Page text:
Justin Thurman
Today I Learned

Today I Learned

How to add context to Celery WorkerLostError logs

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Justin Thurman
·Feb 19, 2022·

For a while now, we've had semi-frequent WorkerLostErrors on one of our Celery queues. These can happen for a few reasons, but one of the most common causes is a Celery task using too much memory and being killed by a parent process. If you're logging errors across your stack, you might see logs that look something like this: WorkerLostError: Worker exited prematurely: signal 9 (SIGKILL).

This is only moderately useful, as it doesn't tell you which task was consuming excess memory, making it difficult to track down which task was causing the error. In our case, we had a task_failure signal handler that looked something like this:

@task_failure.connect
def handle_task_failure(**kwargs):
    exception = kwargs.get("exception", None)
    # do some logging

Problem was, this did nothing for WorkerLostErrors because the task is not killed gracefully, so it wasn't around to fire its task_failure signal. After quite a bit of digging around in Celery documentation, I found a solution. Turns out that the Celery Request class has on_failure handler methods of its own. From the docs:

When using the pre-forking worker, the methods on_timeout() and on_failure() are executed in the main worker process. An application may leverage such facility to detect failures which are not detected using celery.app.task.Task.on_failure().

Perfect! So the only question is how to implement it. I did something like this:

from celery import Celery, Task
from celery.exceptions import Retry
from celery.worker.request import Request

class FailureLoggingRequest(Request):
    def on_failure(self, exc_info, send_failed_event=True, return_ok=False):
        super().on_failure(
            exc_info, send_failed_event=send_failed_event, return_ok=return_ok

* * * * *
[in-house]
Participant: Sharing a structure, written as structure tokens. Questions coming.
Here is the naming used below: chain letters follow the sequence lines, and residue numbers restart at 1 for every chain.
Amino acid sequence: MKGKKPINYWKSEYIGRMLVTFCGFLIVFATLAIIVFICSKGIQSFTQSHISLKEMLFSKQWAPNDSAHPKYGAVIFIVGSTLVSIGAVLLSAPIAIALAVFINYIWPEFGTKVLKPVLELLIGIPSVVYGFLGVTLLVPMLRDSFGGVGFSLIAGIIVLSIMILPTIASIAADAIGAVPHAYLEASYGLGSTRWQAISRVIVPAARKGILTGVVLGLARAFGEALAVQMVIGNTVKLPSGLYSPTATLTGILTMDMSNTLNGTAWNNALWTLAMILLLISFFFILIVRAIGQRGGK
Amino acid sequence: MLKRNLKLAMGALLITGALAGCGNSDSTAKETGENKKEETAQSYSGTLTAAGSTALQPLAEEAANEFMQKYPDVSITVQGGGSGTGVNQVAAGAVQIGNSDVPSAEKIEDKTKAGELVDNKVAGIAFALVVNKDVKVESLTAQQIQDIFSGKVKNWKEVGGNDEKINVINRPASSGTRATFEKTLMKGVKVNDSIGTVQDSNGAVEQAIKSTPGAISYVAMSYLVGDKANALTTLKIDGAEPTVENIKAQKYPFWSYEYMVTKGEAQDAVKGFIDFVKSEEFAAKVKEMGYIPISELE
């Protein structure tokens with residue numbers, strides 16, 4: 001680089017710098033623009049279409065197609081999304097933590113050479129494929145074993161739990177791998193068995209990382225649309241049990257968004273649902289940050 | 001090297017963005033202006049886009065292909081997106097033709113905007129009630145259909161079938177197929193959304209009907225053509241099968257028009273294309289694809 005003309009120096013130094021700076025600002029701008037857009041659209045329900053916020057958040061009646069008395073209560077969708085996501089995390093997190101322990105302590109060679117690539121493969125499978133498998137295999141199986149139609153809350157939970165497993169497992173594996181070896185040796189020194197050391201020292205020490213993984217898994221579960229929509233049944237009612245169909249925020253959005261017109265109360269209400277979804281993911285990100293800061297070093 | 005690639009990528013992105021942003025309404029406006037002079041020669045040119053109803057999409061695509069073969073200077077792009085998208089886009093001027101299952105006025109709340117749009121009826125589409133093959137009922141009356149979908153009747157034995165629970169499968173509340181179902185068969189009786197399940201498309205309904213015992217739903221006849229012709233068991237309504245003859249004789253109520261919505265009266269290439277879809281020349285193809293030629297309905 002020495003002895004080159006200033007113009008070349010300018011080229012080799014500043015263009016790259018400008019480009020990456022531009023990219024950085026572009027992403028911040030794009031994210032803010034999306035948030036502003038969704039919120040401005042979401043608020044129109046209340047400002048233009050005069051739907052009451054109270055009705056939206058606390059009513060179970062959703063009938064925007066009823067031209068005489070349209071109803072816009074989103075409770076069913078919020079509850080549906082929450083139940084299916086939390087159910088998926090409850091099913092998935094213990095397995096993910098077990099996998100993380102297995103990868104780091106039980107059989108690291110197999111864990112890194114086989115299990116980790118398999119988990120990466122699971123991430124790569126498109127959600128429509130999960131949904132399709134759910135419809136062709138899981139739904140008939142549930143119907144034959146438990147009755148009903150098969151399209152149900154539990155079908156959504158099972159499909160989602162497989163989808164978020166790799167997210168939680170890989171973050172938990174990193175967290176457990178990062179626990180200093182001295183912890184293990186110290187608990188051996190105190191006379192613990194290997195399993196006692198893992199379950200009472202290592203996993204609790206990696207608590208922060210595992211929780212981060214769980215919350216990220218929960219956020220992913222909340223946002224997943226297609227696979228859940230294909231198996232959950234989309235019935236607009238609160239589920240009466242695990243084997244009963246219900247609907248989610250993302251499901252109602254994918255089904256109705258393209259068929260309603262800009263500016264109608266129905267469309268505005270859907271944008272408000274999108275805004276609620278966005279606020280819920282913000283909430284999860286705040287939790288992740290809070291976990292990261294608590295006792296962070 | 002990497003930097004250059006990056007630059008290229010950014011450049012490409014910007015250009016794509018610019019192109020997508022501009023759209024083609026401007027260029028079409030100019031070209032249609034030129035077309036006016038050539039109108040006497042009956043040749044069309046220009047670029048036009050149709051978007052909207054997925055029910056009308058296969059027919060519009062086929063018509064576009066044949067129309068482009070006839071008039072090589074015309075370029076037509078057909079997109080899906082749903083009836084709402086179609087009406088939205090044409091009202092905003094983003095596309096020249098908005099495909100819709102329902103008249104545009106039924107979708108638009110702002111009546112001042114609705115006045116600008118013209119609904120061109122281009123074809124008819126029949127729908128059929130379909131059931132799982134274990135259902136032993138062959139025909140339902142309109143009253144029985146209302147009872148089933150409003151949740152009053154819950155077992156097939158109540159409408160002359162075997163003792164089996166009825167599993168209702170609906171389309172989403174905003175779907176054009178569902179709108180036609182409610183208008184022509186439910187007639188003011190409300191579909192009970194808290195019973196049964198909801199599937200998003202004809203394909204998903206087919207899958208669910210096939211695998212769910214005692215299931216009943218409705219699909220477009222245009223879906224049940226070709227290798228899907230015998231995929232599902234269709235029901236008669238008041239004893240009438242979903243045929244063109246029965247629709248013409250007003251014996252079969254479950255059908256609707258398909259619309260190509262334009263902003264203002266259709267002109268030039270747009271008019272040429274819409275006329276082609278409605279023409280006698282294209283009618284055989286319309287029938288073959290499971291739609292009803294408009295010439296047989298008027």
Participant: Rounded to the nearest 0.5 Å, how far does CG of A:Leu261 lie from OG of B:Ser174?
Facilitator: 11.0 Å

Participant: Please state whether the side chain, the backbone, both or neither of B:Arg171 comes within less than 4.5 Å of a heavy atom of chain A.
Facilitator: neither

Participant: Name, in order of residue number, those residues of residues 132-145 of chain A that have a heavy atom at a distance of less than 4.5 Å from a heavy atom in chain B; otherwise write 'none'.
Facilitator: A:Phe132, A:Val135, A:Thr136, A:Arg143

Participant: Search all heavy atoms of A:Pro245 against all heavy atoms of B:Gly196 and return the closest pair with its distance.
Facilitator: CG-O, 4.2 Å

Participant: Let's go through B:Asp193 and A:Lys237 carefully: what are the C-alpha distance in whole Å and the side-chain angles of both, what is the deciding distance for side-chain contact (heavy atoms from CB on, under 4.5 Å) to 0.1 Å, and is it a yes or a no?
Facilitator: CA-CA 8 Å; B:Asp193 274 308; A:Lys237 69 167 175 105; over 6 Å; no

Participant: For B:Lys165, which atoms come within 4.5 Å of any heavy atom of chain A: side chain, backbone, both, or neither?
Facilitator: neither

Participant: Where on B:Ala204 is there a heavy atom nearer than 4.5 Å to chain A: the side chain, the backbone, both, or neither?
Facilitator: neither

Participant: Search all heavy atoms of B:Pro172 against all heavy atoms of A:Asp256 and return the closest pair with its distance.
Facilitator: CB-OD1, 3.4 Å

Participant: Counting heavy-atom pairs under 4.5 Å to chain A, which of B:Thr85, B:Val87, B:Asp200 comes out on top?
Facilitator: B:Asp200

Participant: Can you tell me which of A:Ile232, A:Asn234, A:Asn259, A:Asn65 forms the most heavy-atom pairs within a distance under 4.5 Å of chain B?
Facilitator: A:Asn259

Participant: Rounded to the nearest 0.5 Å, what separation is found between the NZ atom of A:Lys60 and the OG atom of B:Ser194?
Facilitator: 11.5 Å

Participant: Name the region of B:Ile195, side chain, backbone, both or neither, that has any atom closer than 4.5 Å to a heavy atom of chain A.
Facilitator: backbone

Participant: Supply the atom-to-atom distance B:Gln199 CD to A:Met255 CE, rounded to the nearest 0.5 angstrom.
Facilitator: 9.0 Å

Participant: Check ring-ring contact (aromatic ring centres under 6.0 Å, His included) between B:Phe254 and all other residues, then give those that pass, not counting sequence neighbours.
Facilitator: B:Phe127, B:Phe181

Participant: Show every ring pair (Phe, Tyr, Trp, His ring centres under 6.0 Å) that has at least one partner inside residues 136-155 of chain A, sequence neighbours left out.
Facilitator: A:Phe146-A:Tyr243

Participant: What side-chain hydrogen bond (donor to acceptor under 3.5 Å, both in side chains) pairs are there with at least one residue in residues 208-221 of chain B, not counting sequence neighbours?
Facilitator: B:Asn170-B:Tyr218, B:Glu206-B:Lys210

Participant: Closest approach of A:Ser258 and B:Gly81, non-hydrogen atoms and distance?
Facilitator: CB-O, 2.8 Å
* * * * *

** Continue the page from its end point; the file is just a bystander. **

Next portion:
) # very important to call super here!!
        if not isinstance(exception, Retry):
            # we only want to log if the error is not fixed by retrying
            logger.error(
                "Celery task failed",
                context={
                    # these are just a few of the task context variables available
                    "task": self.task.name,
                    "task_id": self.id,
                    "args": self.args,
                    "kwargs": self.kwargs,
                    "exception": exc_info.exception,
                    "traceback": exc_info.traceback,
                },
            )


class FailureLoggingTask(Task):
    Request = FailureLoggingRequest

app = Celery(
    task_cls=FailureLoggingTask
    # other config
)

And just like that, we had logging around WorkerLostErrors. We could see which task caused the error, the specific task ID that died, the args and kwargs that the task was called with, etc. Our visibility into Celery issues improved dramatically.

There are a lot of other interesting methods on the Celery Request class, and diving into the source was very instructive in learning a bit more about how Celery works and how I might solve other Celery issues in the future. I recommend diving in yourself if, like me, you've often found Celery a little opaque and mysterious.

 
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